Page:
(10-14-2015 10:01 PM)owl at the moon Wrote:  Sorry, I was looking for the PLATEAU thread. Looks like this is the PLUTO thread. "Never mind"

Emily L.

Are there plateaus on Pluto?

Ask Plato

RE: OT: PLUTO Press Conferences- New images-explanations - Hambone10 - 10-15-2015 11:50 AM

(10-14-2015 10:01 PM)owl at the moon Wrote:  Sorry, I was looking for the PLATEAU thread. Looks like this is the PLUTO thread. "Never mind"

Emily L.

I'm more concerned.....
with all of the threads...
talking about conserving our Natural Race Horses!

RE: OT: PLUTO Press Conferences- New images-explanations - 75src - 10-15-2015 05:18 PM

Pluto is more important than plateau.

(10-14-2015 10:01 PM)owl at the moon Wrote:  Sorry, I was looking for the PLATEAU thread. Looks like this is the PLUTO thread. "Never mind"

Emily L.

RE: OT: PLUTO Press Conferences- New images-explanations - GoodOwl - 11-03-2015 05:24 PM

'Star Wars' and 'Star Trek' Collide on Pluto Moon Charon
Aug 4, 2015 03:15 PM ET // by Mike Wall, Space.com

[Image: pluto-charon-star-wars-trek-670x440-150804.jpg]
Image showing the provisional names being used by the New Horizons team for features on Pluto’s largest moon, Charon. These monikers have not yet been approved by the International Astronomical Union (IAU).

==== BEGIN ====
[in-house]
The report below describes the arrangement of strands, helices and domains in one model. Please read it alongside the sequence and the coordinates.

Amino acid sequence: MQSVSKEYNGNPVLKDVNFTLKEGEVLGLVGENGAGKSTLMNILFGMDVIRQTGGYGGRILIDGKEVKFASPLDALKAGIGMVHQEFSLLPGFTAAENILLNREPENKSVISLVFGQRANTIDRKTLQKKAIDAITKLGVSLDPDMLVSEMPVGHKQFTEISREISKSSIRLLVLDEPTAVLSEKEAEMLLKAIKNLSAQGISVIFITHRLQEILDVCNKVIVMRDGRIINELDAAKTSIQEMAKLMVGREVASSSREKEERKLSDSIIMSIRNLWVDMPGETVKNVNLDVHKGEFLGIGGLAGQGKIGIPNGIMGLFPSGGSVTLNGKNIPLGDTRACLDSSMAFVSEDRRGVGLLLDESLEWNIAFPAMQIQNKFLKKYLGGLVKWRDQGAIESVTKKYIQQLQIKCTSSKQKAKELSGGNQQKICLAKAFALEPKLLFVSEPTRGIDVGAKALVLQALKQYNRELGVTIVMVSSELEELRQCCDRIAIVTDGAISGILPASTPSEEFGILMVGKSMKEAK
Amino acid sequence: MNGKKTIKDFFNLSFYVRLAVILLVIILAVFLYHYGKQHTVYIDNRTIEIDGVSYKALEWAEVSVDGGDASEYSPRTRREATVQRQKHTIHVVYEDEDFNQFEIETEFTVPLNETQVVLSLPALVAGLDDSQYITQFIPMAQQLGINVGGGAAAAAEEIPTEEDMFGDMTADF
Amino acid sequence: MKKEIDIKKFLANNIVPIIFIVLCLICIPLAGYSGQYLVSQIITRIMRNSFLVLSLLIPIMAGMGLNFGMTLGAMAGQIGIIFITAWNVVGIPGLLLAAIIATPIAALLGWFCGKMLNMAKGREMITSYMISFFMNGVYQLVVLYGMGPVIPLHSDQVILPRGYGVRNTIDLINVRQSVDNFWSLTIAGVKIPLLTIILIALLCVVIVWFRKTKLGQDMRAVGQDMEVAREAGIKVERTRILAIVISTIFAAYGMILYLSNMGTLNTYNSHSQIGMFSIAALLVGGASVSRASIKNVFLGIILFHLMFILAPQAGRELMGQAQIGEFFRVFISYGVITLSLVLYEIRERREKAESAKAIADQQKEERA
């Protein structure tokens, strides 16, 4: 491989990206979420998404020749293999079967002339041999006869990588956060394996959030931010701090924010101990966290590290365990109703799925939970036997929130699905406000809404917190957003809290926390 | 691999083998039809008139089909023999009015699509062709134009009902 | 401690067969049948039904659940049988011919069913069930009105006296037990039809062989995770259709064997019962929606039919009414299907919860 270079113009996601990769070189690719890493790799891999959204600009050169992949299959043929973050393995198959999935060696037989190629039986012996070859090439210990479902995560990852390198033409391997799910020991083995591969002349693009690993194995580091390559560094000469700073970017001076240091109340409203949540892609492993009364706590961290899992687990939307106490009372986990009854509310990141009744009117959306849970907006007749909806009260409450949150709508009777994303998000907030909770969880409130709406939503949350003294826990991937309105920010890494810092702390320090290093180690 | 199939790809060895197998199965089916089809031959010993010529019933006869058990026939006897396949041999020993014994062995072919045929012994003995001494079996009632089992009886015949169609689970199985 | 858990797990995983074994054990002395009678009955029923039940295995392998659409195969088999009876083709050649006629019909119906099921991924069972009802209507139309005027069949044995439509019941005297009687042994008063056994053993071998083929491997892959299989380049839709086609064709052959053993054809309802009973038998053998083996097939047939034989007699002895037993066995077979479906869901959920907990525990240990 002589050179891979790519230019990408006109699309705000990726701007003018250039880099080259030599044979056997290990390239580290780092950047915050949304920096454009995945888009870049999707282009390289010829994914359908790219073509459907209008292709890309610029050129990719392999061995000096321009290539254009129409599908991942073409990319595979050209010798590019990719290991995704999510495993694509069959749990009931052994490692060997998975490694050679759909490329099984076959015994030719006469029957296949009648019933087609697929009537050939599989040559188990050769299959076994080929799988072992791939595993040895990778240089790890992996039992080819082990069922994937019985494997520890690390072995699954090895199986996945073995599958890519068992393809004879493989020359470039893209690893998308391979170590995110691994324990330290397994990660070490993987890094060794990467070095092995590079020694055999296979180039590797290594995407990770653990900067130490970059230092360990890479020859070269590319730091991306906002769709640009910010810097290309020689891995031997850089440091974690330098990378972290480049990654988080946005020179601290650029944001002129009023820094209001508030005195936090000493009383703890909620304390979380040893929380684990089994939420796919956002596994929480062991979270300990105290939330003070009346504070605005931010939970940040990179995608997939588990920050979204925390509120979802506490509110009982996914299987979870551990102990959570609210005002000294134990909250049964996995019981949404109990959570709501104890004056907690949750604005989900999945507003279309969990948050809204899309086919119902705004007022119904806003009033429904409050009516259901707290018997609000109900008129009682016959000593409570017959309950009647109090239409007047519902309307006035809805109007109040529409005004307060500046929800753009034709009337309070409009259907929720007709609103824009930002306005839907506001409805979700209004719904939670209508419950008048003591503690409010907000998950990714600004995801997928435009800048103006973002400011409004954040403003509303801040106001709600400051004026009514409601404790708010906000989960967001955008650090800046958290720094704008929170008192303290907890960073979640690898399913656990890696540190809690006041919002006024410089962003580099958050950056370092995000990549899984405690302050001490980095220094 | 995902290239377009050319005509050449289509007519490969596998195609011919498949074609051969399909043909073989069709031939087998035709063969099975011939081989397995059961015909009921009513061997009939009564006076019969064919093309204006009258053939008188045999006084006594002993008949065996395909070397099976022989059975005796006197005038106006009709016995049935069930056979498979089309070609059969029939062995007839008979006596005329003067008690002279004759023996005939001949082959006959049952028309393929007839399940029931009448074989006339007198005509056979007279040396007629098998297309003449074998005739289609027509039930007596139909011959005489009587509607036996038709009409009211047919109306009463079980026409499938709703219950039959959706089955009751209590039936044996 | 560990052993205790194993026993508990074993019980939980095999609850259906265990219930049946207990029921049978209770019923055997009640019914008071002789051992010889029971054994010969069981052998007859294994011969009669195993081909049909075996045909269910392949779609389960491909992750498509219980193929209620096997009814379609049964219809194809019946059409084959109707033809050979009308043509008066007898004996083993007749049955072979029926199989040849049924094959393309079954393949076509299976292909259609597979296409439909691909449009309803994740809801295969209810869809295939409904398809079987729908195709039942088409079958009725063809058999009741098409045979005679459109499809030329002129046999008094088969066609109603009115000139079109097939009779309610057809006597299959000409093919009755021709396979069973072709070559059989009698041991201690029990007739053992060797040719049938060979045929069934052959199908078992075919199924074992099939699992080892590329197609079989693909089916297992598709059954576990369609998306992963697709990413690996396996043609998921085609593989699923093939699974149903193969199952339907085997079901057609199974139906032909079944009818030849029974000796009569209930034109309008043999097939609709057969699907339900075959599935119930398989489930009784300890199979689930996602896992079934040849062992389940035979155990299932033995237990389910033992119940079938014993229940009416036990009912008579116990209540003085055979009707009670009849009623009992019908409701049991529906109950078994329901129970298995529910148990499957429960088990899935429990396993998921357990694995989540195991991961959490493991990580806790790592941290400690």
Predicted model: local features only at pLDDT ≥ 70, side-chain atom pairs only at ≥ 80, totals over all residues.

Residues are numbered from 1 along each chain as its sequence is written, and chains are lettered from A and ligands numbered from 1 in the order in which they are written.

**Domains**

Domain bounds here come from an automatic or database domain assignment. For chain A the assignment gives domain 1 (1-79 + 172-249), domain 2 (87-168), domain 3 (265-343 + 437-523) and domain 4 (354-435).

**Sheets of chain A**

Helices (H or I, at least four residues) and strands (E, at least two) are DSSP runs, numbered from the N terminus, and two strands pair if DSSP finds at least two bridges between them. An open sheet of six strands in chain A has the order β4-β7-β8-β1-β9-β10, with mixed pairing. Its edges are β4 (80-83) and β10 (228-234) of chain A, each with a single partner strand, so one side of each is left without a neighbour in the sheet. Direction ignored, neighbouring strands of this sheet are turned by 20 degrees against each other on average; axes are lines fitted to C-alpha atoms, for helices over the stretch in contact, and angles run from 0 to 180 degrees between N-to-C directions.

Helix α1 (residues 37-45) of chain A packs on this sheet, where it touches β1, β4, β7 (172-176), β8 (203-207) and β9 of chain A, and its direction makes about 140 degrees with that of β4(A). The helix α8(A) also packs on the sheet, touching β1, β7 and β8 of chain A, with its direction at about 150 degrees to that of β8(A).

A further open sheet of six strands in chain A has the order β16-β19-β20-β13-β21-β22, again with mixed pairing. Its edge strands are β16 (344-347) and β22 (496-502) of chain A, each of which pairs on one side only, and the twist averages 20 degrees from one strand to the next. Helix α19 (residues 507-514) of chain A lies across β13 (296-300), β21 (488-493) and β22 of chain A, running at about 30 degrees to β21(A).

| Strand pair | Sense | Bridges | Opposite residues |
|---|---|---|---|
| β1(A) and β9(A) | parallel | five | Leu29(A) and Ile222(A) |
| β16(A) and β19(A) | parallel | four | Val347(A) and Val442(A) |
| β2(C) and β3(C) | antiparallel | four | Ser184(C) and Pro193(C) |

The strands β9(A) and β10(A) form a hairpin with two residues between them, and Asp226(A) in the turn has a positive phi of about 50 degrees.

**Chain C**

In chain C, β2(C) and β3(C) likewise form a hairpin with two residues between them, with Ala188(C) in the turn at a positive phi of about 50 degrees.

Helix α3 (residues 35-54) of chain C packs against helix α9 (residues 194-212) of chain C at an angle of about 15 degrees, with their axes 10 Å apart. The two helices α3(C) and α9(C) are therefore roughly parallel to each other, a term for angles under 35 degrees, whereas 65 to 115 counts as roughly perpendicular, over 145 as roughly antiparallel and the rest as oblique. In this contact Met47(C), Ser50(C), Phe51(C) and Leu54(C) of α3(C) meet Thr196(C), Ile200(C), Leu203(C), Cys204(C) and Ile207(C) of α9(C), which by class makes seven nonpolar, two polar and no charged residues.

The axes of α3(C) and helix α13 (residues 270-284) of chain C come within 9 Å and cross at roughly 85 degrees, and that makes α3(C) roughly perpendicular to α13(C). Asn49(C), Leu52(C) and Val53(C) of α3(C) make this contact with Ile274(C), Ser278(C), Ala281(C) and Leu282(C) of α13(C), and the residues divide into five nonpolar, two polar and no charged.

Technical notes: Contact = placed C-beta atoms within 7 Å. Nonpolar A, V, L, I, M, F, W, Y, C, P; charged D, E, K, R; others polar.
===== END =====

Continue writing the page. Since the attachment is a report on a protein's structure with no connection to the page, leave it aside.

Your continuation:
The "Star Trek" and "Star Wars" universes are coming together on Pluto's big moon Charon.

The team behind NASA's New Horizons spacecraft, which performed the first-ever Pluto flyby last month, has unofficially named some Charon craters after characters from both beloved sci-fi franchises.

PHOTOS: NASA’s Mission to Pluto by the Numbers

For example, newly released maps created by the New Horizons crew reveal that Charon now has a Vader Crater, as well as impact features named after fellow "Star Wars" principals Luke Skywalker and Princess Leia. And James T. Kirk, captain of the starship Enterprise in the original "Star Trek" series, gets his own crater, as do his shipmates Mr. Spock, Sulu and Uhura. [See more photos of Pluto and its moons]